The legal battle for gender equality gave birth, in the early 1970’s, to a riddle. Faced with the pervasive and profound effect of employer responses to women’s reproductive function on their status and opportunity in the paid workforce, feminist litigators asked how laws or rules based on a capacity unique to women – the capacity to become pregnant and give birth – could be susceptible to challenge under any equality doctrine the courts of this country might realistically be persuaded to employ. In response to that question, the proponents of gender equality developed a theory which has been used with moderate success in scores of cases challenging pregnancy rules under Title VII and, for a time, under the equal protection clause as well. Most of these cases have arisen in the employment context; courts have been asked to compare an employer’s treatment of pregnancy to its treatment of other physical conditions with similar workplace consequences. The approach has been, in the words of the 1978 Pregnancy Discrimination Act (PDA), to require that “women affected by pregnancy, childbirth or related medical conditions… be treated the same for all employment related purposes… as other persons not so affected but similar in their ability or inability to work.”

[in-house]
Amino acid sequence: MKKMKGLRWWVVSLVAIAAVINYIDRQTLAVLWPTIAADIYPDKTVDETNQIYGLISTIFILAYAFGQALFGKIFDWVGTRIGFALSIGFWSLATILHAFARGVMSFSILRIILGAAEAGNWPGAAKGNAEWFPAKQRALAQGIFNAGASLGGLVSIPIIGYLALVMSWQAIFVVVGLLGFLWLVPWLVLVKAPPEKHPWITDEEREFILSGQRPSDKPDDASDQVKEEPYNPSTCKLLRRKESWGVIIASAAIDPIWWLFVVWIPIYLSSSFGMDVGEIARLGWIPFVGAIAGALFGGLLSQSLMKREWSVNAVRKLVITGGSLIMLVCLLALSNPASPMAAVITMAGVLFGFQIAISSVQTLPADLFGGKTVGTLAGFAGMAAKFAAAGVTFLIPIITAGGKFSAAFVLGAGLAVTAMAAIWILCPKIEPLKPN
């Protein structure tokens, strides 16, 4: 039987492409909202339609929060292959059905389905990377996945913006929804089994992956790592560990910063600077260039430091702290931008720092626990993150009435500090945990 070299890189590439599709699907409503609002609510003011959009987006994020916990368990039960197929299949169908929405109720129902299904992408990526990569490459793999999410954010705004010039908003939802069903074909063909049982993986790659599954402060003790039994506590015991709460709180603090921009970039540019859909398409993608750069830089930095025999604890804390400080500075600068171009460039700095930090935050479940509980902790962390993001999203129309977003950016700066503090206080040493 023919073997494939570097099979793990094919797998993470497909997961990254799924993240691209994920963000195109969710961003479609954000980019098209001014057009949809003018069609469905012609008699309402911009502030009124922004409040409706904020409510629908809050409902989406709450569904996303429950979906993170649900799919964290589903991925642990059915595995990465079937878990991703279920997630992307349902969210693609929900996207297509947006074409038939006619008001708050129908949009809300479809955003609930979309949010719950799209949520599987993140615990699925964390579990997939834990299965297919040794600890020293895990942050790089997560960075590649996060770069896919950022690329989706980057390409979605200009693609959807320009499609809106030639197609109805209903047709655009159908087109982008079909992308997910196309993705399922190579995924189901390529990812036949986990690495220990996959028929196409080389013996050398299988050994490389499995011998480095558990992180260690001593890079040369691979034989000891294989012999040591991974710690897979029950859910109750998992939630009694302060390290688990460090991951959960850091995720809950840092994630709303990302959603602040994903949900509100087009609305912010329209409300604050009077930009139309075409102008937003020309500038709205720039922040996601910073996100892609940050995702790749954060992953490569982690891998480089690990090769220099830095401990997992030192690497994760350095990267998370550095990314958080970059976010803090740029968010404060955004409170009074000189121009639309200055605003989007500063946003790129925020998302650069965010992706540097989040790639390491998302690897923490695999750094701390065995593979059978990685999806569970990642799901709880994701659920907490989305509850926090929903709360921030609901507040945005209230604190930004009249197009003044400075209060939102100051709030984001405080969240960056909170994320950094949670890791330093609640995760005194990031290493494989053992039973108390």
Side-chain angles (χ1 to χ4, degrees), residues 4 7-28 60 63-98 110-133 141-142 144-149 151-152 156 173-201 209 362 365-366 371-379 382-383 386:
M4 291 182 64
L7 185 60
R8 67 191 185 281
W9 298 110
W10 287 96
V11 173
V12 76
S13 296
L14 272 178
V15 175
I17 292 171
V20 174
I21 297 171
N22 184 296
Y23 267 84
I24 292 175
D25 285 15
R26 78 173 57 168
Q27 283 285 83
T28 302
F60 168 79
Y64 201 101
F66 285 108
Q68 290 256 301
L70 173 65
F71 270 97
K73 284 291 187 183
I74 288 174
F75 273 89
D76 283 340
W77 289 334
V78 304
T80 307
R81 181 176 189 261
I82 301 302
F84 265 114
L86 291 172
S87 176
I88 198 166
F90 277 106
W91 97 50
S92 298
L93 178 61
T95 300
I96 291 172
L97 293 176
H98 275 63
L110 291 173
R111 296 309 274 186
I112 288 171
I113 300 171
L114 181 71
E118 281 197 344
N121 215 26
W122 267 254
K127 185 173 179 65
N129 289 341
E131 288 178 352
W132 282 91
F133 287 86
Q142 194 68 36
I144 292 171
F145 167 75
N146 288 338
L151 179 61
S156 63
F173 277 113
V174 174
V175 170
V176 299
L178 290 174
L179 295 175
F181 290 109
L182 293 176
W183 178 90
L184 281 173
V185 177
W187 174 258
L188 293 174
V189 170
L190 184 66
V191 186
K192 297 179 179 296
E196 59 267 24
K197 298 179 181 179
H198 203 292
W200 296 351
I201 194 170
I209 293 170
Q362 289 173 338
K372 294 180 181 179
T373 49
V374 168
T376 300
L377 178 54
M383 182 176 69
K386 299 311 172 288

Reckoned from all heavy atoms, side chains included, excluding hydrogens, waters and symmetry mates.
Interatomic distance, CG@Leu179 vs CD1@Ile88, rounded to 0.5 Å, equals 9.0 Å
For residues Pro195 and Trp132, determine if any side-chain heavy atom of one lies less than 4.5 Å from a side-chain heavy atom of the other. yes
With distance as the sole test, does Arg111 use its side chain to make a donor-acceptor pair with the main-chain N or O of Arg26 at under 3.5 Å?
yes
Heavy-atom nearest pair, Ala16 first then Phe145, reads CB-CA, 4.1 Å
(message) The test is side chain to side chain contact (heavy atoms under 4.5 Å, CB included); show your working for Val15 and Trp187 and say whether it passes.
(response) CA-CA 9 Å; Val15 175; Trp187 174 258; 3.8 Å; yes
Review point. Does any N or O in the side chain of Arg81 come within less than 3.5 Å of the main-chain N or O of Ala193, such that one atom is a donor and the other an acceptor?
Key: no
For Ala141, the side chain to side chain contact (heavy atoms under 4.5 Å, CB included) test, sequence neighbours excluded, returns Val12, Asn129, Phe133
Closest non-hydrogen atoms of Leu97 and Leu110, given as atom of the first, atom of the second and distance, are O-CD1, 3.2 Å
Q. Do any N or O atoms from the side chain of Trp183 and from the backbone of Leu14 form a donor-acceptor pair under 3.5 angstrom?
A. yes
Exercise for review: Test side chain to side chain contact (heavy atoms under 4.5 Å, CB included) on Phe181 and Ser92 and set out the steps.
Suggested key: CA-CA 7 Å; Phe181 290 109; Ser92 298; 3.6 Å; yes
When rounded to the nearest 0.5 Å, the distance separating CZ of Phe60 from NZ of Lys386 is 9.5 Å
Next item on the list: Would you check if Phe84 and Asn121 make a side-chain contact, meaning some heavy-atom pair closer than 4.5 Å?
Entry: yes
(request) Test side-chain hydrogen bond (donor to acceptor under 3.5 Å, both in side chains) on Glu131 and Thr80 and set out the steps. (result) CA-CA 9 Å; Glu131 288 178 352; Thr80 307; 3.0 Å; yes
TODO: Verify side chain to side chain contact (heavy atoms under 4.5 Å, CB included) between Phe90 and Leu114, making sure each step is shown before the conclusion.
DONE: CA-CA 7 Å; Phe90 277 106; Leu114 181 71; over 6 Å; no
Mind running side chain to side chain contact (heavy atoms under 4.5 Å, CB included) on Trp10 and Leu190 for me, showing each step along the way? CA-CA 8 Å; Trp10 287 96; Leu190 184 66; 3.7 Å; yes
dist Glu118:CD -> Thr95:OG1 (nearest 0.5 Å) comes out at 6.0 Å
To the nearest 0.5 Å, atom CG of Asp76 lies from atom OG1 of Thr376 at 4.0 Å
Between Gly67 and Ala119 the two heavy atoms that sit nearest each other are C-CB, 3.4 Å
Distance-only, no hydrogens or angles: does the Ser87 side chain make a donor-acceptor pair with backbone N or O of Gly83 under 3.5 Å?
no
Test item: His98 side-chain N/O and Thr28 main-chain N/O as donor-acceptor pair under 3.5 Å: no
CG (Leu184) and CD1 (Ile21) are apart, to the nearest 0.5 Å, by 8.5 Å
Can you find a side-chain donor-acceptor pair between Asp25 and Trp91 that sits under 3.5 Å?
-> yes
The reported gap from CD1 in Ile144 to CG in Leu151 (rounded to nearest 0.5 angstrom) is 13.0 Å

Mandatory arbitration for guestworkers, a uniquely vulnerable group, will result in class inequality and worse conditions for all workers.
Voting rights advocates should explore section 11(b) of the Voting Rights Act as a vehicle to combat voter intimidation.
A transgender student's expression of her gender identity, including through the use of gender consistent bathrooms, is First Amendment protected speech,
An evidentiary privilege to protect workers' confidential communications from disclosure in federal and state court proceedings would support unions.